Southfield residential neighborhood Northland Gardens was named one of 12 distinctive places in Michigan listed in the National Register of Historic Places. Ties to Motown stars and the J.L. Hudson Co. are part of what makes this subdivision unique.

Southfield residential neighborhood Northland Gardens was named one of 12 distinctive places in Michigan listed in the National Register of Historic Places. Ties to Motown stars and the J.L. Hudson Co. are part of what makes this subdivision unique.

Photo by Jacob Herbert


Southfield neighborhood named one of 12 distinctive places to live in Michigan

By: Jacob Herbert | Southfield Sun | Published February 12, 2021

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SOUTHFIELD — Once home to legendary singer/songwriter William “Smokey” Robinson and several other Motown stars, Northland Gardens has recently been named one of 12 distinctive places in Michigan listed in the National Register of Historic Places in 2020.

The 47.8-acre residential neighborhood, located near the intersection of Southfield Road and M-102/Eight Mile Road consists of roughly 120 midcentury modern homes. Midcentury modern homes often have large windows, sliding glass doors and changes in elevation. Many of the homes in Northland Gardens are large ranch-style homes equipped with fireplaces, huge living rooms and sometimes even bowling alley basements.

“When we look at it, we use the national registered criteria for historic places,” said Amy Arnold, a preservation planner at the Michigan State Historic Preservation Office. “Basically, you look at the associations with significant people or events or for its architectural quality. There’s also seven elements of integrity. That’s the criteria that we use for everything at the Michigan State Historic Preservation Office.”

The seven elements of integrity include location, setting, design, materials, workmanship, feeling and association. But there’s more to Northland Gardens than the famous stars who occupied its homes. The story of Northland Gardens dates back to the 1950s.

Northland Gardens was developed by the Hudson-Weber Realty Co., the real estate branch of the J.L. Hudson Co. On March 22, 1954, Hudson’s opened the Northland Center, a 159-acre shopping mall located near the intersection of M-10 and Greenfield Road.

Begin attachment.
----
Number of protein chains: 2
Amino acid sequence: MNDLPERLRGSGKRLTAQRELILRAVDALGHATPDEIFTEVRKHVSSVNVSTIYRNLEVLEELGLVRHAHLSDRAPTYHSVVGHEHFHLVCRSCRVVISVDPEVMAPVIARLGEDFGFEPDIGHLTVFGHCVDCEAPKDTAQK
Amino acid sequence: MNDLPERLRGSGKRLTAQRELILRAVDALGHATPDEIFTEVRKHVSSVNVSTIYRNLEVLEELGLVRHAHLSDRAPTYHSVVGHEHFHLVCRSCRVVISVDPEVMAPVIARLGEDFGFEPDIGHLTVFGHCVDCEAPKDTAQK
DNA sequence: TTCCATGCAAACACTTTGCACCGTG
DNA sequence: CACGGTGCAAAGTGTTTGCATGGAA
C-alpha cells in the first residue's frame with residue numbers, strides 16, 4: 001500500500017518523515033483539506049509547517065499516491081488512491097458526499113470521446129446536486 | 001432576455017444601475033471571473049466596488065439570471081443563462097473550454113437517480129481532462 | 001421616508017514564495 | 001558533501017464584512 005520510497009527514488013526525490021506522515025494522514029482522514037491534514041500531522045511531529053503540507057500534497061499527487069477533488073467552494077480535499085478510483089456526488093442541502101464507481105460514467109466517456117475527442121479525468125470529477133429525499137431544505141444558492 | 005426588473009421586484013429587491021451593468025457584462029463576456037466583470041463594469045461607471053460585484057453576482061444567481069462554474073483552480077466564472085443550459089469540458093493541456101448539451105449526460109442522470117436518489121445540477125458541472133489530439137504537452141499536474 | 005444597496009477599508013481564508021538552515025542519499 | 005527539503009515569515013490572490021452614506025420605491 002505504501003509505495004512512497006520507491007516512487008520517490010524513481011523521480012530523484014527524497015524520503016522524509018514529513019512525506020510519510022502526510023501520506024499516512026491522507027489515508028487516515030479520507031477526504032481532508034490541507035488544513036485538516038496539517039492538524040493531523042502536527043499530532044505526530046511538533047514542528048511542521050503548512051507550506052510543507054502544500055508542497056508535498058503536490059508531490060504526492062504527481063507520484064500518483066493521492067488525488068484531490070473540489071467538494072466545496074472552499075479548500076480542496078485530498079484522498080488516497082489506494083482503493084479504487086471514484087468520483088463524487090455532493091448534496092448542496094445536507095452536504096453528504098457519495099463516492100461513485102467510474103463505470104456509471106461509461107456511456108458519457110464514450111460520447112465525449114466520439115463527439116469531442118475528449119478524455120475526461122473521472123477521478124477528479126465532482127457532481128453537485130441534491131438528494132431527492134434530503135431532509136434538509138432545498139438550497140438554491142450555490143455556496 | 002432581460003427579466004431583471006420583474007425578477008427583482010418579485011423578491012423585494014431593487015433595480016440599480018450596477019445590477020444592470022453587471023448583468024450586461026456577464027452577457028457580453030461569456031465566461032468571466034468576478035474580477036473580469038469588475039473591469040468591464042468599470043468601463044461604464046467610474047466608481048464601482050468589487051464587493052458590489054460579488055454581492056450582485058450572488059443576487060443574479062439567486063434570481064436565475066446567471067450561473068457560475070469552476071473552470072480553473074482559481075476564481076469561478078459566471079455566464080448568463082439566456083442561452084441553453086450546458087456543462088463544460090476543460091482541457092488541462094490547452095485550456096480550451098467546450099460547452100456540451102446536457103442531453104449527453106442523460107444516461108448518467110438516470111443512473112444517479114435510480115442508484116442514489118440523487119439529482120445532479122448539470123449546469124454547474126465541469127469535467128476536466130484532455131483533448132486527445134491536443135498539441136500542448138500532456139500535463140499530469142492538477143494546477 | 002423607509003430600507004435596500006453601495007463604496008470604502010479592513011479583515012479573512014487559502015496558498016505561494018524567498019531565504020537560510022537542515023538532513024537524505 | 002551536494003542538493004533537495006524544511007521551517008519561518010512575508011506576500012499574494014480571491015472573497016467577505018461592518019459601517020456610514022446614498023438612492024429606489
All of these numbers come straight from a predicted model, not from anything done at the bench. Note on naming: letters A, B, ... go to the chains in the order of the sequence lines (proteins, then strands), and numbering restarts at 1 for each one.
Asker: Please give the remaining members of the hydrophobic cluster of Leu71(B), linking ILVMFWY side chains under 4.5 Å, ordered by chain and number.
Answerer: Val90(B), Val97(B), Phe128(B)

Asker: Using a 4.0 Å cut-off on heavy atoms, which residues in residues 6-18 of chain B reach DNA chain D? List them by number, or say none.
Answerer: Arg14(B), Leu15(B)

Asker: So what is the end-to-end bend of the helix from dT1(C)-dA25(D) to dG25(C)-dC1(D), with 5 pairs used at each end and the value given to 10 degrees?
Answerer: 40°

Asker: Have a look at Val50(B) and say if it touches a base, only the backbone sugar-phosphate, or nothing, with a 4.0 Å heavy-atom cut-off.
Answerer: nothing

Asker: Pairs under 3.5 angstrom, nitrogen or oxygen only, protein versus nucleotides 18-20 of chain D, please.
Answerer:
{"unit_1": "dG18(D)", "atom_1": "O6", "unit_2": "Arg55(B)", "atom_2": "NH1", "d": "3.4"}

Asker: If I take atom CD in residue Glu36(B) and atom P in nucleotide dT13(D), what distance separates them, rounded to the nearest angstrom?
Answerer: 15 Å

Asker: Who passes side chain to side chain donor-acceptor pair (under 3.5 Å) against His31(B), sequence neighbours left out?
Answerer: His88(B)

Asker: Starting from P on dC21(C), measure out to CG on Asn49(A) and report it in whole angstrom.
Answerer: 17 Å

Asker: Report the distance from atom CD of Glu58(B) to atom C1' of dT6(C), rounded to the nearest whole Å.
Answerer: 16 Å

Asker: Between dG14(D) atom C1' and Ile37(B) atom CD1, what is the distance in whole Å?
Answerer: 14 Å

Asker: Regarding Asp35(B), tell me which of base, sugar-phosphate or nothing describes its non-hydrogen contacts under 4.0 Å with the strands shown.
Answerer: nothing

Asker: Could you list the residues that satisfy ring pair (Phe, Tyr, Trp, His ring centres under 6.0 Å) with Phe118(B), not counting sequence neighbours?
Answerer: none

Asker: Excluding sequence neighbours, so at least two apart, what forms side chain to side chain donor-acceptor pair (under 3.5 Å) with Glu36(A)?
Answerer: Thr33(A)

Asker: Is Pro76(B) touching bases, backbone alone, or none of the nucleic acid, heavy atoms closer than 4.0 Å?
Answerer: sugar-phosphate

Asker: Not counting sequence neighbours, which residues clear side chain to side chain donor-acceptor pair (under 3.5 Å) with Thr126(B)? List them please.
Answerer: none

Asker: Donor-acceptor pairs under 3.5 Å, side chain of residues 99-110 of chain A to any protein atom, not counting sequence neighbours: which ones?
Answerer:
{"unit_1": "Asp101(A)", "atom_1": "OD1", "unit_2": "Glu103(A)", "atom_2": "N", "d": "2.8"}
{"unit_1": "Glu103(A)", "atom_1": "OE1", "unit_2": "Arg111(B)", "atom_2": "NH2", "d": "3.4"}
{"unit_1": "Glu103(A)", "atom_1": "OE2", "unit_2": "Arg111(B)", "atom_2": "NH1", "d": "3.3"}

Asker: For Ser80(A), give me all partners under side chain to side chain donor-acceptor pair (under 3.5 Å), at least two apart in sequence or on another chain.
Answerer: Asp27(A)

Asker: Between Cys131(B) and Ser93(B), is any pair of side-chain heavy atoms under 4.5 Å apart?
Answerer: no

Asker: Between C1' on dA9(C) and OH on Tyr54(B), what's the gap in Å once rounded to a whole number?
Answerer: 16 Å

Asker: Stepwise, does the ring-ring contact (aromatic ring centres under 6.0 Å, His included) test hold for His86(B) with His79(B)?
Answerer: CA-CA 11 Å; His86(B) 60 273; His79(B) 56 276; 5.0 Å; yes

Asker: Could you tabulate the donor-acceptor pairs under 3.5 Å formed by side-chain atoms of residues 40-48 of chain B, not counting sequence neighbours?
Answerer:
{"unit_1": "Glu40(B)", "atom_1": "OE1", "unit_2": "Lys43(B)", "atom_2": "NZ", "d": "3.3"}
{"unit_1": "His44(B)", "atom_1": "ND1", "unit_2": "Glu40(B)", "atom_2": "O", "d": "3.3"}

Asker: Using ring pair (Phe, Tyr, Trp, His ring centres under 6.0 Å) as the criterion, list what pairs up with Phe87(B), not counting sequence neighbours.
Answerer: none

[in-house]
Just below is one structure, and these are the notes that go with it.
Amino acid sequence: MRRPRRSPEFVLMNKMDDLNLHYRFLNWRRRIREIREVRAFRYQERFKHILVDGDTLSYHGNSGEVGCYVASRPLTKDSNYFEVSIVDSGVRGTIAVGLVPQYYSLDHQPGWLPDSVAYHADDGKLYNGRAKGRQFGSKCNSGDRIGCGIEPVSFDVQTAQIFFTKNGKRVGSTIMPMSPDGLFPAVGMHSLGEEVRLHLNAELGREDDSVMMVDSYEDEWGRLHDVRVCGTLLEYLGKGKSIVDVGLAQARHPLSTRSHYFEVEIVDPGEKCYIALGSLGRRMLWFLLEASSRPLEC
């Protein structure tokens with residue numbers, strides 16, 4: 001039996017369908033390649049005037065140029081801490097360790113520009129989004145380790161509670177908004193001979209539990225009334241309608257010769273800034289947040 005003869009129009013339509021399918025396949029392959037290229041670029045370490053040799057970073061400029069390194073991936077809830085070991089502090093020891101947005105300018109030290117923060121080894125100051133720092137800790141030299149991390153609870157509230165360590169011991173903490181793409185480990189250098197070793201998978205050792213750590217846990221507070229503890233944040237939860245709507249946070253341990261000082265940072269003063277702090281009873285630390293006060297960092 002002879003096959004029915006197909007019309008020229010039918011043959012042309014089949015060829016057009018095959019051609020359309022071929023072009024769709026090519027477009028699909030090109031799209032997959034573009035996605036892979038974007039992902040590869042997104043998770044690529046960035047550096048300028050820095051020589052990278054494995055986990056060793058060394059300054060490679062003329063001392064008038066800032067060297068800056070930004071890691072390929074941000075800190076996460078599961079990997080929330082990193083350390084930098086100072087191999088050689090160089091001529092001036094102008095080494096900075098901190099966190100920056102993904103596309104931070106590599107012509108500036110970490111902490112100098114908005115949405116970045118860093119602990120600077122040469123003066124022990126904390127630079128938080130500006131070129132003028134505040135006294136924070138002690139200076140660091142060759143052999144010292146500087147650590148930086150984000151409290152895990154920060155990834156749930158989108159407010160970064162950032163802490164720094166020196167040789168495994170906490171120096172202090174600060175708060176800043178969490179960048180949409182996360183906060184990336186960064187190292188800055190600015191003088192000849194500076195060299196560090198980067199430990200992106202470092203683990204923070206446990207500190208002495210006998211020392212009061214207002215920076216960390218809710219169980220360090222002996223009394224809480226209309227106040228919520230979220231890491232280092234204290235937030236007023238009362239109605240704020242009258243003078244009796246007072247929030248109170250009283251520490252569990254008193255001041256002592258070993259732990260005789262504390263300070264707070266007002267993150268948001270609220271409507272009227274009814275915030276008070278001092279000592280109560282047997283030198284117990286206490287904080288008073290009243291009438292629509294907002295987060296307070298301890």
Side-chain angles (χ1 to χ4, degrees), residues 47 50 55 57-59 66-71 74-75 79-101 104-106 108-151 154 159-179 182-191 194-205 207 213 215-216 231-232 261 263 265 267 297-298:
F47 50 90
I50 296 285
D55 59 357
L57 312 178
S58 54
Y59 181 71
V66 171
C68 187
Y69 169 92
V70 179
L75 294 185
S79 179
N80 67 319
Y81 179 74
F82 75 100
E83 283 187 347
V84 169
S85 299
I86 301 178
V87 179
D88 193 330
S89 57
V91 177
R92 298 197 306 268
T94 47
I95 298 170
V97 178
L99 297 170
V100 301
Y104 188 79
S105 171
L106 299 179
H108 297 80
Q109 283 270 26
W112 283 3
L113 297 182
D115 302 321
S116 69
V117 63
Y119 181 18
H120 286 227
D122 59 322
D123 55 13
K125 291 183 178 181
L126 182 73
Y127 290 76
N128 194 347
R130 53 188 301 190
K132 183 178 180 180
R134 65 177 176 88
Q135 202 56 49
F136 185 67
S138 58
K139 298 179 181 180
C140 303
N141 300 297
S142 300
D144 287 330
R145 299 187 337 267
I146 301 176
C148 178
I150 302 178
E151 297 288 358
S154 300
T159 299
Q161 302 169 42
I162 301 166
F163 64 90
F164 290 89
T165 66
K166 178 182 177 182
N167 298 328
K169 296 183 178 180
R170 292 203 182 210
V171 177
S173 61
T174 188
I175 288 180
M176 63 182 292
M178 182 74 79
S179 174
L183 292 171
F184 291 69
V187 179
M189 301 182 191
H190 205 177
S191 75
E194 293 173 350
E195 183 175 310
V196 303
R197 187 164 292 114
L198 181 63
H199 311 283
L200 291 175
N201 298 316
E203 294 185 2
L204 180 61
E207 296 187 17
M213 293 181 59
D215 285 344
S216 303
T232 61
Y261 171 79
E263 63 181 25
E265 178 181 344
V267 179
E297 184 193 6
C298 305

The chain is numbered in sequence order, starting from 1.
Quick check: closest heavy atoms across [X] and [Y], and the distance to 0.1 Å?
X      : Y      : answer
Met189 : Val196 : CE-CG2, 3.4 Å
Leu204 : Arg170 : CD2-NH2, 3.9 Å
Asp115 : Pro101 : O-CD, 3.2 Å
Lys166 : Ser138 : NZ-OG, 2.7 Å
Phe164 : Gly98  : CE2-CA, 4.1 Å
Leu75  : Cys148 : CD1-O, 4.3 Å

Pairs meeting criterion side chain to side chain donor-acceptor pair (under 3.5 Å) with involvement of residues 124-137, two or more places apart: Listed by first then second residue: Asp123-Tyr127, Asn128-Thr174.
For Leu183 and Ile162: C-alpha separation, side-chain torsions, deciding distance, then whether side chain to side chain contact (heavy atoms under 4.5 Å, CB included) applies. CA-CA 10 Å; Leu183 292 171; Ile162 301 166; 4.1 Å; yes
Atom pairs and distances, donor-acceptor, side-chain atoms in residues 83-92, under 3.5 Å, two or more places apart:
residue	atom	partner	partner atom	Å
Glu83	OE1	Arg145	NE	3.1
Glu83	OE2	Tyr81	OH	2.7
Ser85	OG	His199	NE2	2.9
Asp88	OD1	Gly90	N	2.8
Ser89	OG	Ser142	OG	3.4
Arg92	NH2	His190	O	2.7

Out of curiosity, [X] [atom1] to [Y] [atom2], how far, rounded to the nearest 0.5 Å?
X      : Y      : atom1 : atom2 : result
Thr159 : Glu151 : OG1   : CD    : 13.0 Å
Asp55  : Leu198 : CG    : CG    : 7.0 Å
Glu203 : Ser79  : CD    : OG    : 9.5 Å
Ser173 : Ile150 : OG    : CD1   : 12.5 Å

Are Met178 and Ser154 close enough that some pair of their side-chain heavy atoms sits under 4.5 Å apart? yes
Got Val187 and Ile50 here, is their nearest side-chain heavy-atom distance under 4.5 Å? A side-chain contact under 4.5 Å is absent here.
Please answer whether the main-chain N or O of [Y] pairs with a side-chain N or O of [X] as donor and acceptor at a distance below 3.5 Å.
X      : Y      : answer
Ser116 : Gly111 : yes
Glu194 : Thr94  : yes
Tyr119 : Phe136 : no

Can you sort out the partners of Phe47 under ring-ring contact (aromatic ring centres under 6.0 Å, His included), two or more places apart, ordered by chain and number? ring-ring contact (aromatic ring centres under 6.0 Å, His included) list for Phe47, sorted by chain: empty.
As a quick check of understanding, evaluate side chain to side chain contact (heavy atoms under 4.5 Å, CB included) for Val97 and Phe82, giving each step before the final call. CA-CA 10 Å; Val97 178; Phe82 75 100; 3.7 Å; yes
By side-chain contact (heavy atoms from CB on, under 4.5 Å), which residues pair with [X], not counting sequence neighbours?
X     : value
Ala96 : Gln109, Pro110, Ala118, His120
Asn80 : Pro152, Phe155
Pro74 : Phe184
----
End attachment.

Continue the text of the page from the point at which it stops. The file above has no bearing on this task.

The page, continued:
Hudson’s wanted to make sure they had upscale shoppers near the stores, so Northland Gardens was built. The first residents of Northland Gardens were primarily white, but the neighborhood quickly became more and more diverse in the 1970s.

“This mall was copied over and over again, but it was the first,” Southfield Mayor Ken Siver said. “It really was instrumental in the development of Southfield.”

More than 95,000 properties across the country, including nearly 2,000 in Michigan, have been listed in the National Register of Historic Places since the program began in the 1960s. To be considered for a listing in the National Register, a property must generally be at least 50 years old, and it must also be significant when evaluated in relationship to major historical events or trends in the history of its community, the state or the nation.

It is Arnold’s goal as well as the State Historic Preservation Office’s that when neighborhoods and communities are recognized, it could bring people together to save the community, if necessary.

“One of the things we wanted to do is pick neighborhoods that people could relate to,” Arnold said. “When buildings are turning 50 years old they’re either at that point where you’re going to rehab them or demolish them. Our hope was that once people had a better understanding of the history of them, they would want to rehab them.”

For Siver, the recognition from the State Historic Preservation Office makes property more valuable. Siver said the city took a hit with the mortgage crisis, so he’s been looking for tools to make Southfield’s residential neighborhoods more valuable.

“This is what makes us unique, and I’m very proud to have this,” the mayor said. “I’ve felt that every community needs to promote itself. One of the ways we promote ourselves is through our architecture, our midcentury modern architecture as well as these unique neighborhoods.”

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